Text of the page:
It wasn’t the barnburner we’ve come to expect from Derrick Lewis, but "Black Beast" got the job done, coming back from a three-round deficit to pound out Russian kickboxer Shamil Abdurakhimov last night (Fri., Dec. 10, 2016) at UFC Fight Night 102 in Albany, New York.
Those three rounds were some of the most execrable of the night. Lewis whiffed badly with his wound-up punches, while Abdurakhimov contented himself with catching kicks for easy takedowns and landing the occasional counter right. He didn’t really do anything with those takedowns, either. In fact, the most significant ground action of the fight came when Lewis spun for a heel hook.
This is the gamble Ultimate Fighting Championship (UFC) plays when it tops cards with Heavyweight fighters. The potential for early finishes is weighed against big throwing hands that may very well cause ugly exchanges and drained output late into rounds. We got the former when Francis Ngannou landed a Sakuraba-style spinning kimura on Anthony Hamilton in the co-main event. We got the latter in the main event.
What’s interesting about Lewis aside from his raw power is that he knows the gamble and plays his own version. While he’s known as a wild slugger, nine of his 16 stoppage wins have come after the first round. Against Viktor Pesta, he spent the first eight minutes doing almost nothing off of his back, waiting for the Czech grinder to tire out before ultimately taking top position and obliterating him with punches.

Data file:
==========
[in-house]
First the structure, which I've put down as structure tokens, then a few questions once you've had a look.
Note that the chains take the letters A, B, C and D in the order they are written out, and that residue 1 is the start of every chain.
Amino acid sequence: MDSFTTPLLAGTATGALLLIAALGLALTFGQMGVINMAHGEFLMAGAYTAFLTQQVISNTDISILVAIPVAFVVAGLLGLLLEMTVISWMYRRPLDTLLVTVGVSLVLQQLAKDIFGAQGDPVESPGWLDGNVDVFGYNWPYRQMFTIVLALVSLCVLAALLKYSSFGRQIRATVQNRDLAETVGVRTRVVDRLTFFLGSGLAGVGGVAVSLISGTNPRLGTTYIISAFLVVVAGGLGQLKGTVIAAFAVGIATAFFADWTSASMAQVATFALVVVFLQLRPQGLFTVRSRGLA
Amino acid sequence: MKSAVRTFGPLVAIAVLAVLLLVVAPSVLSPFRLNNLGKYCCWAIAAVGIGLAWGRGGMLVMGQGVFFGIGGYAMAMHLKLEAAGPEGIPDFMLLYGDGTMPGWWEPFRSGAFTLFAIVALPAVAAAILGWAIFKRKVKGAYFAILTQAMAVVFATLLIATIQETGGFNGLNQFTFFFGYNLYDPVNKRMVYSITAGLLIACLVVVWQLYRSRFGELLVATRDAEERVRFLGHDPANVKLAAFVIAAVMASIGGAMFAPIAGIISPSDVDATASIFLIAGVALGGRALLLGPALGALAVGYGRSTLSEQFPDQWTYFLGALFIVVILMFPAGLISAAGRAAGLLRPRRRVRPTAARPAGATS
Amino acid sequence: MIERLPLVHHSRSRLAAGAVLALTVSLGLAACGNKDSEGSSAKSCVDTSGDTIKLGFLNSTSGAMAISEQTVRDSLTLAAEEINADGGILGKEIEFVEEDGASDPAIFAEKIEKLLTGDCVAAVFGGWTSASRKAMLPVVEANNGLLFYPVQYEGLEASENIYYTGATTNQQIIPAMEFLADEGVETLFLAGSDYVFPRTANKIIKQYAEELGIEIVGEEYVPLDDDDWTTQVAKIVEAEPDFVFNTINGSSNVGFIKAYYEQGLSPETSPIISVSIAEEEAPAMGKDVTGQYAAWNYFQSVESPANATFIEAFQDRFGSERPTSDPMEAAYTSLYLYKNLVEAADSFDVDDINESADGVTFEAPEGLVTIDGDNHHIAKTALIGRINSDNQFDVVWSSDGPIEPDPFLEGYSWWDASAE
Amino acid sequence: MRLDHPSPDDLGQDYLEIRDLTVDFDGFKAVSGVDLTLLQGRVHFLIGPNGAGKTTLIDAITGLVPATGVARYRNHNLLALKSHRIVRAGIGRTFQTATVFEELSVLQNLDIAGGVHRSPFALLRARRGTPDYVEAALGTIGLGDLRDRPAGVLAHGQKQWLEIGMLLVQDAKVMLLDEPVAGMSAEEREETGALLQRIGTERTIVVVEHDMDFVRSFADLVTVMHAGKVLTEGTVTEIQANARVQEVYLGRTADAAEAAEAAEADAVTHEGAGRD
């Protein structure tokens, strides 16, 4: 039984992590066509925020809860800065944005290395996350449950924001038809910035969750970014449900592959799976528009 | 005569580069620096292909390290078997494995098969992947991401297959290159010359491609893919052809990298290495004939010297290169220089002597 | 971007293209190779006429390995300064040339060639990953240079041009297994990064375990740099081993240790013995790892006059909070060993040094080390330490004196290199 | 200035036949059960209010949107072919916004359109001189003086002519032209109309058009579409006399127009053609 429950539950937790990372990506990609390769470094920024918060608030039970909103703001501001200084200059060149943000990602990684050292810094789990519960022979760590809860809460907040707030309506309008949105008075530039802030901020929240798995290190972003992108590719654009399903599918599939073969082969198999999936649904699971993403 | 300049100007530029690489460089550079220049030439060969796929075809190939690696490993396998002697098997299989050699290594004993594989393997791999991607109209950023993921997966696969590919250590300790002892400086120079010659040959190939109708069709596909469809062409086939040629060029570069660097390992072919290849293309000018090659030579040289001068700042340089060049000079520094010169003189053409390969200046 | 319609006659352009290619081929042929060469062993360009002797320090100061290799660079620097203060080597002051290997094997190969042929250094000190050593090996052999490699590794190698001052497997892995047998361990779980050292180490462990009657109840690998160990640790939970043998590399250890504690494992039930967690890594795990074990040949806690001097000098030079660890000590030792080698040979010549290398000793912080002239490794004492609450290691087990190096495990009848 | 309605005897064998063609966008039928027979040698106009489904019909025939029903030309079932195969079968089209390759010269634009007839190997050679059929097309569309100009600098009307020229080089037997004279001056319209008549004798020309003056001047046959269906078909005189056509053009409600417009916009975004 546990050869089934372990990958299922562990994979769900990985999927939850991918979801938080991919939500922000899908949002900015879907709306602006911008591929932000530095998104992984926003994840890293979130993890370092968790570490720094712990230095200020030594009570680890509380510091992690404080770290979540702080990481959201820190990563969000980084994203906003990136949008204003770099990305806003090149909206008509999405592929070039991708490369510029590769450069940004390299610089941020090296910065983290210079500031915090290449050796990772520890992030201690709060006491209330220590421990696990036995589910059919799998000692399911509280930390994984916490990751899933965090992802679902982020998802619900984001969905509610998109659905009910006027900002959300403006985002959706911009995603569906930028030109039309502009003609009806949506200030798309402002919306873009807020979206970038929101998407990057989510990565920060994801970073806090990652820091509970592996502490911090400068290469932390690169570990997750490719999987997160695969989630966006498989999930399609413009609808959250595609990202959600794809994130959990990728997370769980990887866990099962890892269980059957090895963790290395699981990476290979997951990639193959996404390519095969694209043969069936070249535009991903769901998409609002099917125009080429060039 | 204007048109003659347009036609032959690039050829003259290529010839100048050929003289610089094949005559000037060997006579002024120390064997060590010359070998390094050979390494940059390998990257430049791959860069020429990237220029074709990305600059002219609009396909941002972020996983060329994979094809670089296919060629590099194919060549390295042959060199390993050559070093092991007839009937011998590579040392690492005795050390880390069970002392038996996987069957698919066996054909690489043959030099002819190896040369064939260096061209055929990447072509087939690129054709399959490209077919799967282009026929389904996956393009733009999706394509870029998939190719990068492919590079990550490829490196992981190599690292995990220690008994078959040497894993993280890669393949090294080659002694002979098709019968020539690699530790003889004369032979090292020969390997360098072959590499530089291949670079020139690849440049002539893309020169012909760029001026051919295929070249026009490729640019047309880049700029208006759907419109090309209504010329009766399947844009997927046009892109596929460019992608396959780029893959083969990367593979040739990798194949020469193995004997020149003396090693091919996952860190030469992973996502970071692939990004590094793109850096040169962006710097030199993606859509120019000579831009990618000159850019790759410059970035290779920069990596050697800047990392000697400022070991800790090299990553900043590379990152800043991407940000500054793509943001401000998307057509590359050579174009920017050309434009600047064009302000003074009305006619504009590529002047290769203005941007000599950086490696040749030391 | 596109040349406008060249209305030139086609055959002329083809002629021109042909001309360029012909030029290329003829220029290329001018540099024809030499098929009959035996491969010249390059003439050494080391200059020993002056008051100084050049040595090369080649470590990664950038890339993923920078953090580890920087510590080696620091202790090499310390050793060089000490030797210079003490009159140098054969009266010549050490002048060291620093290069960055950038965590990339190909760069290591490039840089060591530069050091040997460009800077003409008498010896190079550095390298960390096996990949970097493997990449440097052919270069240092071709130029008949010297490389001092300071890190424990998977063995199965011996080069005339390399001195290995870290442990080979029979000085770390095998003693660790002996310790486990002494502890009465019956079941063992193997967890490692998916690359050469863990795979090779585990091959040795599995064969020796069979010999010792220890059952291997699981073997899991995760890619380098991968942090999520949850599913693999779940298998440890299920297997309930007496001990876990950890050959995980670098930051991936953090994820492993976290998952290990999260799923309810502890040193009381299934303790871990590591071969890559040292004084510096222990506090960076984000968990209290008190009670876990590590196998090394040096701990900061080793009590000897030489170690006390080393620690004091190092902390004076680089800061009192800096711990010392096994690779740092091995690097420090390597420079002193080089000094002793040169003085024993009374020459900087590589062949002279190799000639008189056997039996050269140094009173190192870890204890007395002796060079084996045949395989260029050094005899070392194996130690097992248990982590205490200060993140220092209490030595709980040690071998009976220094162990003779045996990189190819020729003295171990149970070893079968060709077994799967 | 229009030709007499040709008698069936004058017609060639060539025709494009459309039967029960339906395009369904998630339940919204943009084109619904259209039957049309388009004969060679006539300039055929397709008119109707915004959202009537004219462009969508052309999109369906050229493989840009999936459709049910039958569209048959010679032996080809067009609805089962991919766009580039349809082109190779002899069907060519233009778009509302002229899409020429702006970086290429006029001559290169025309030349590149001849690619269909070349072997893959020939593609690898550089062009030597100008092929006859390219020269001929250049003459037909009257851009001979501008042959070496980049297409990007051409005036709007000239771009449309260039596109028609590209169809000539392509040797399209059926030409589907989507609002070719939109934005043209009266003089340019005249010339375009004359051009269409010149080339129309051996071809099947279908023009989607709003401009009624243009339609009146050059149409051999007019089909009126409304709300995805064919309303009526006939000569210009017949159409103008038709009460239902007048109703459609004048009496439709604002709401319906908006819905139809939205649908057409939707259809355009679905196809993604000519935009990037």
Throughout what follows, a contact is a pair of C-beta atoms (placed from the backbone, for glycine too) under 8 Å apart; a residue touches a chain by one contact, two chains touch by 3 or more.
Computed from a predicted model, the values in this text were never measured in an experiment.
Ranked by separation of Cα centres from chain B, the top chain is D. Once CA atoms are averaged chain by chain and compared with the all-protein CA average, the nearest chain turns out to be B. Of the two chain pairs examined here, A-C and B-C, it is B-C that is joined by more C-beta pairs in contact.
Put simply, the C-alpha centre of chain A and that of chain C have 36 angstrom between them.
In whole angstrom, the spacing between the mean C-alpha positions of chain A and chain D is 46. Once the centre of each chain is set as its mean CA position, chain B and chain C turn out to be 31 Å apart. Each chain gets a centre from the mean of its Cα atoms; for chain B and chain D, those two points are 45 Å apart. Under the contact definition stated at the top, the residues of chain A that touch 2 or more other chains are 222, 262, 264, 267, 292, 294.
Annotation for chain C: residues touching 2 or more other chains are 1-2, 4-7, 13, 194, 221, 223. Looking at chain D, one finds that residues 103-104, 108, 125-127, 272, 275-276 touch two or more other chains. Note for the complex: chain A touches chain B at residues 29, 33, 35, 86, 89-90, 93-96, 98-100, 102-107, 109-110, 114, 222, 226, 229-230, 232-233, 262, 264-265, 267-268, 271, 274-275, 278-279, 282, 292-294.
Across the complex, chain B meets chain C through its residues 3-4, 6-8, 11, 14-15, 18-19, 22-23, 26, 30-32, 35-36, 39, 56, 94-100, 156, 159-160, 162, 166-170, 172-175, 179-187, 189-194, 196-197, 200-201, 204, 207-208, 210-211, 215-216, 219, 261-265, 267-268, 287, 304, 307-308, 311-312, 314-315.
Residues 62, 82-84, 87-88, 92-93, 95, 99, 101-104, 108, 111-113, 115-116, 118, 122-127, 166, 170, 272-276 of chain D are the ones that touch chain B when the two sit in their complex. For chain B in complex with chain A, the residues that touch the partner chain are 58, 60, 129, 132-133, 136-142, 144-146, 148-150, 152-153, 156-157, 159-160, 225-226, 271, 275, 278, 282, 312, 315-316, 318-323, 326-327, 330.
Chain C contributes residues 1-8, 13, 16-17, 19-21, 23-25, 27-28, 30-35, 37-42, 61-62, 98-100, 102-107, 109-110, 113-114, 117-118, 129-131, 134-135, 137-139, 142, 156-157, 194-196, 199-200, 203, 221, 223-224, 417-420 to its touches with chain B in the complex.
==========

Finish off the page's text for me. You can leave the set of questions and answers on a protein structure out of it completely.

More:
This gamble doesn’t always pay off, though. He spent most of the last 10 minutes of his fight with Roy Nelson offering no offense and only barely made up for that with a cataclysmic overhand right in the waning seconds.
UFC's heavyweight division is one of the most top-heavy in the organization. There’s a sheer cliff from which the likes of Stipe Miocic, Fabricio Werdum, Junior dos Santos and Cain Velasquez overlook the remainder. These men do not tire like other heavyweights and neither do the Josh Barnetts and Ben Rothwells just below the peak.
Lewis still sits at the base of that cliff as part of an anemic vanguard of up-and-comers. With Ruslan Magomedov at the mercy of United States Anti-Doping Agency (USADA) and Vitaly Minakov still tied up in contracts, he finds himself with a golden opportunity to rise.
If last night was any indication, he has a lot of ground to cover if he wants to catch that opportunity before it vanishes.
Against Abdurakhimov, Lewis again proved that his strategy works against the sort of heavyweights you don’t hinge a major card on for fear of them running on empty. To be the next face of the heavyweight division, especially with the colossus that is Ngannou competing with him for that title, he needed more.